First, the paving contractor can use this data to develop their 30% plans for submittal to FDOT when bidding on a resurfacing or re-design contract.  Having accurate and relevant data related to the roadway’s characteristics gives the paving contractor an edge over the competition because they know what the field conditions are before preparing an over-engineered design specification.  This happens all of the time because the detailed field conditions are unknown while they are preparing their plans and they only have historical information to work from.

On the other side of the fence resides the FDOT.  They can benefit from this information because if they can provide this detailed information as part of a bid package, they can reap the benefits that are gained from better information.  If all contractors have the detailed as-built information (or in this case, accurate cross-slopes), they can all prepare their submittals using the same base information.  This will provide the FDOT project manager with more accurate responses based on true field conditions, resulting in more aggressive pricing and decreased project costs.

Here are some screenshots of the information.

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LiDAR Data Viewed by Intensity and Corresponding Cross-Slope Profile

Once the data has been collected and calibrated, we generate cross-slopes at a defined interval and export those out as 3D vectors.

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These vectors are then symbolized based on their cross-slope percentages and exported as a KML file for ease of use.

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Although this is a pretty simple step, the presentation of the data in Google Earth makes it easy for the end-user to visually identify problem areas and design the corrective actions according to field measurements.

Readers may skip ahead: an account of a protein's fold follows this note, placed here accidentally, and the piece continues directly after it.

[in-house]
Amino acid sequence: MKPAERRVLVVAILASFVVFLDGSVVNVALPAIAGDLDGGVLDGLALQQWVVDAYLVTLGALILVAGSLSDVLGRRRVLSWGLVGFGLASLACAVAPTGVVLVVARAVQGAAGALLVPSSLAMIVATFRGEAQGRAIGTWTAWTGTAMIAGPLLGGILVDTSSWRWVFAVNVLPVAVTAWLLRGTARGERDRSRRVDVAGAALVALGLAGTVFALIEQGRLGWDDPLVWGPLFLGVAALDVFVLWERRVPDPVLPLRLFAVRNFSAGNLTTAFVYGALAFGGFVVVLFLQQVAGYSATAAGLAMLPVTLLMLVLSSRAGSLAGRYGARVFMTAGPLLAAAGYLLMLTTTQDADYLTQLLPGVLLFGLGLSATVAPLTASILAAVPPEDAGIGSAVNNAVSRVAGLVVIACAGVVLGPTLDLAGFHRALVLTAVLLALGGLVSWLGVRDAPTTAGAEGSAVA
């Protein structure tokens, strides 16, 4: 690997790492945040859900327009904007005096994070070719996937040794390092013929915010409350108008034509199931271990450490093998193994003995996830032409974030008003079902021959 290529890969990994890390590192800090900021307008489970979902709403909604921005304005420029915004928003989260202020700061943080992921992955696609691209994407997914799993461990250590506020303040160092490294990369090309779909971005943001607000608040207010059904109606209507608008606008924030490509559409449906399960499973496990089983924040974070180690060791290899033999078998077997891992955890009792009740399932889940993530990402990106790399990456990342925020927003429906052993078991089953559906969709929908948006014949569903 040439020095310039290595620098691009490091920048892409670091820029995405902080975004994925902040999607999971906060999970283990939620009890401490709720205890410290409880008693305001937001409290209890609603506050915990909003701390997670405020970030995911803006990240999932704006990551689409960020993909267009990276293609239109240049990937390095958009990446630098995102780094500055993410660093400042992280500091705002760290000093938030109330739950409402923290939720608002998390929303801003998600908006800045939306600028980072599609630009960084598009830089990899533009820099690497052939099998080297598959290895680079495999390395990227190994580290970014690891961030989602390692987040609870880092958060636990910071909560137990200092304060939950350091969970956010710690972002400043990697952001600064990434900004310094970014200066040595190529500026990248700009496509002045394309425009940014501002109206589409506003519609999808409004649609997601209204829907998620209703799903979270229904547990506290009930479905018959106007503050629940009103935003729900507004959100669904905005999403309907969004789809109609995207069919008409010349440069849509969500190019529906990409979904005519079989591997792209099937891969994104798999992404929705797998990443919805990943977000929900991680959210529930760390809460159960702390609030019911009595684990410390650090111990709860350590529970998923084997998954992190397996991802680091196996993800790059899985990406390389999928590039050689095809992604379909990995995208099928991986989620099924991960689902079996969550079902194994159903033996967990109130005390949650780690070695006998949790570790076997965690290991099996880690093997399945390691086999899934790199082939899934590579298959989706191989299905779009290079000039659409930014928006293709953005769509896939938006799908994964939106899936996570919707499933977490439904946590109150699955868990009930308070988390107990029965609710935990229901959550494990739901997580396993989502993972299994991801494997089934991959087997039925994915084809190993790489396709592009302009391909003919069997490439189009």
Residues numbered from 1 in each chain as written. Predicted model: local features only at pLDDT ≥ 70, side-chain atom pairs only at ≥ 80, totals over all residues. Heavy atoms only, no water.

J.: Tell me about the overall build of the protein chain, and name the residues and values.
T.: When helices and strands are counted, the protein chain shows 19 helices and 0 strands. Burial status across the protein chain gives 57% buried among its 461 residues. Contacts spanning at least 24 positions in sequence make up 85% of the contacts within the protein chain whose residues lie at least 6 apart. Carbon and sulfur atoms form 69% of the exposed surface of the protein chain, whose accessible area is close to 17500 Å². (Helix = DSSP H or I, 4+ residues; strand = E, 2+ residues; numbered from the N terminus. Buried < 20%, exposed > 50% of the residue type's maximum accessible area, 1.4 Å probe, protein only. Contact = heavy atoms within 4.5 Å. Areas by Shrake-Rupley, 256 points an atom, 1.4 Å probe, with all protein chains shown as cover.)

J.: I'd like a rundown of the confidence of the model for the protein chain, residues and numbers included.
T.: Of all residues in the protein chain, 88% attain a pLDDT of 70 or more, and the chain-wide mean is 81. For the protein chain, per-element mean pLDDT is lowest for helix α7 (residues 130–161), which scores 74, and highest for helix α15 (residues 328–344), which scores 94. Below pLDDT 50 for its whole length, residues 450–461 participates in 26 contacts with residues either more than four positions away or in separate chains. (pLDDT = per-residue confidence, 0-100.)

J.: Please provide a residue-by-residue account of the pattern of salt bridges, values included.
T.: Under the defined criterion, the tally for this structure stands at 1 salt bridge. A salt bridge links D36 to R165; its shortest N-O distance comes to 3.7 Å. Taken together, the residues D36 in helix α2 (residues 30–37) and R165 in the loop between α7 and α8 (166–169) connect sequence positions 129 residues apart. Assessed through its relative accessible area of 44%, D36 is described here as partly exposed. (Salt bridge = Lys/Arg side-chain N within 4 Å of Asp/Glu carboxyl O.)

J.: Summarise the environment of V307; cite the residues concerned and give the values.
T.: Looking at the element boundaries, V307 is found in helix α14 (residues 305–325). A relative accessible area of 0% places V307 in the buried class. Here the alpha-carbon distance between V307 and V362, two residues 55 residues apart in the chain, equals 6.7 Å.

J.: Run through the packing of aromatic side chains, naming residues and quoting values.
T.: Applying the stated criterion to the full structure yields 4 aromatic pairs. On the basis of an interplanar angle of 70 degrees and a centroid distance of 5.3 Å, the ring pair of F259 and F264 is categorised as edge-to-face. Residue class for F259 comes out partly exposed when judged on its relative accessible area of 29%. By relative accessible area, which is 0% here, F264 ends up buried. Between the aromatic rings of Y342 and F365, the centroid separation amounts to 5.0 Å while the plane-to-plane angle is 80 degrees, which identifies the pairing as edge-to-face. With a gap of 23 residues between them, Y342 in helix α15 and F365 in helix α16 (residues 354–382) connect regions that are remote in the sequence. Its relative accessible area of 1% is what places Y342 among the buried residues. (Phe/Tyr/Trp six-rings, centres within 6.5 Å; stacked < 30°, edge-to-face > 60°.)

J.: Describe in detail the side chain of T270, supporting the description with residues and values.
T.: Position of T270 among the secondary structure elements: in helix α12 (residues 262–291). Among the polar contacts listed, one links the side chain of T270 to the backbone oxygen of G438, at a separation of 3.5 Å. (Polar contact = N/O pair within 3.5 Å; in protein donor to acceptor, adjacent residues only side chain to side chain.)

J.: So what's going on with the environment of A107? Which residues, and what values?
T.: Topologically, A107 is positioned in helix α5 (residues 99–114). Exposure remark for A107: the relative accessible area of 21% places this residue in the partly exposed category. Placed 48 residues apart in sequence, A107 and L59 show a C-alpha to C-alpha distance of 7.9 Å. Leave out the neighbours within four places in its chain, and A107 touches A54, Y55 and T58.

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Pavement Management for Cities/Counties

I just spent a great week in Klamath Falls, OR training their staff on pavement management techniques with our Engineer, Will Cook.  We deployed an asset management solution for their Pavement, Curb & Gutter, and Sign infrastructure.  We were able to determine the amount of funding necessary to keep their pavement network at steady-state and how fast it is deteriorating at their current funding levels.

Believe it or not, most agencies have no idea what they own, what it is worth, and how much funding they really need to maintain it at a specific level-of-service.

Inventory

It all begins with a Network-Level inventory of everything which gives us an idea of what they own.

Condition Assessment

Then, we need to know what its condition is.  We use this data to help prioritize assets for repair and rehabilitation.

Budgeting

Once the prioritization is complete, we apply budgeting scenarios to determine what gets fixed and when.  This leads into Capital Improvement Plan (CIP) development which evolves into an agency’s work program.

This discussion makes it all sounds easy, but at this point, it is imperative to have the local subject-matter-experts make real-world decisions on what to really do.  We’ll never rely completely on computer modeling to make these decisions, but they do help with a lot of the heavy lifting involved with managing large asset networks.

I will be posting a few articles next week detailing this process with some case studies of clients who I have worked with in the past…Stay tuned!